For example, multicast routing protocols, such as the protocol independent multicast (PIM) family of routing protocols, may use RPF to help define the criteria for the protocol to accept incoming data packets. RPF lookup verifies that the incoming interface for a packet matches the unicast forwarding information base (FIB). PIM does not generally maintain a unicast routing database, but instead uses the FIB of a receiving router. The PIM multicast routing protocol is independent of the unicast routing protocol, but uses the FIB created by the unicast routing protocol for making RPF decisions. Situations can arise where the network has constraints as to which paths the unicast traffic and multicast traffic should traverse. Given that PIM uses the unicast FIB to determine incoming interfaces, this leads to an overlap of the unicast and multicast paths. In other words, the net result of the PIM RPF check using the unicast FIB is that unicast traffic destined to a particular address will traverse the same interface on the router as multicast traffic sourced from the same source.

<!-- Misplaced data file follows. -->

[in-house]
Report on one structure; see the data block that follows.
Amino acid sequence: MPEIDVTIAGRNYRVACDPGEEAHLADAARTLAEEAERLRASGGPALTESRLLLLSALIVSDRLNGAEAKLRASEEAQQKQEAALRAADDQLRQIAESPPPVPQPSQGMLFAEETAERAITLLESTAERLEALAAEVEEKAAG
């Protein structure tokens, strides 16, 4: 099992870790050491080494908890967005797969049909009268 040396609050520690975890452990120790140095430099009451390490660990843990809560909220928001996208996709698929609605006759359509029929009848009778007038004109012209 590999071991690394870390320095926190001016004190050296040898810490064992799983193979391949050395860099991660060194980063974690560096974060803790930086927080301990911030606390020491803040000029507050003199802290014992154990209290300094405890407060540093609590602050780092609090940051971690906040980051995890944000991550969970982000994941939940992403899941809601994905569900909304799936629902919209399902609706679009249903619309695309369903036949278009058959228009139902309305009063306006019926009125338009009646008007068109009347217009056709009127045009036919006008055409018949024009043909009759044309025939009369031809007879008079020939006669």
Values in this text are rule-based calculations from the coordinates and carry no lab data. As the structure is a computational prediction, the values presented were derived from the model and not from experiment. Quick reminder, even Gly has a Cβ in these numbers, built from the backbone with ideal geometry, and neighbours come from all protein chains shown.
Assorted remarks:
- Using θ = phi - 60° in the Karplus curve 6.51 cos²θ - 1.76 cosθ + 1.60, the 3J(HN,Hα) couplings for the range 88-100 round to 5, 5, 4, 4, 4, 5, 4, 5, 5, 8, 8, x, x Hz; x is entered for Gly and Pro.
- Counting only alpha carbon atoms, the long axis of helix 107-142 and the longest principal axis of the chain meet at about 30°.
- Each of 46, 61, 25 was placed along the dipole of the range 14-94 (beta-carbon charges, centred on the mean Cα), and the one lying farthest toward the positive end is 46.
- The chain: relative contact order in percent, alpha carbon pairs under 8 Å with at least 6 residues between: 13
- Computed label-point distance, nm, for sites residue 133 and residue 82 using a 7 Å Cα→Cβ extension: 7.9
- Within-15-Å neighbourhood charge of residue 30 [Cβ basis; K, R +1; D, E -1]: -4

Another aspect related to multicast routing includes routing multicast packets across routed interfaces of multicast domains. A multicast domain generally includes a set of routers whose RP address is known. If traffic from a forwarding multicast domain is sent to an edge router of a receiving multicast domain, the multicast forwarding information base (MFIB) component of the receiving multicast domain will allow the edge router to accept the flow on an interface independent of the unicast FIB. For example, the edge router of the receiving multicast domain may be provided with a RPF override to accept the traffic. However, the receiving multicast domain includes no other routers that have knowledge of the specific traffic flow. Since the source of the traffic is from the forwarding multicast domain and this source information is not known to the receiving multicast domain, the receiving edge router of the receiving multicast domain cannot forward the traffic. Thus, further flow of the received traffic can be disrupted if the traffic cannot be forwarded by the receiving edge router. For example, if the multicast routing protocol uses any-source mutlicast (ASM), the discovery of sources is necessary for non-flooding protocols such as PIM sparse mode (PIM-SM).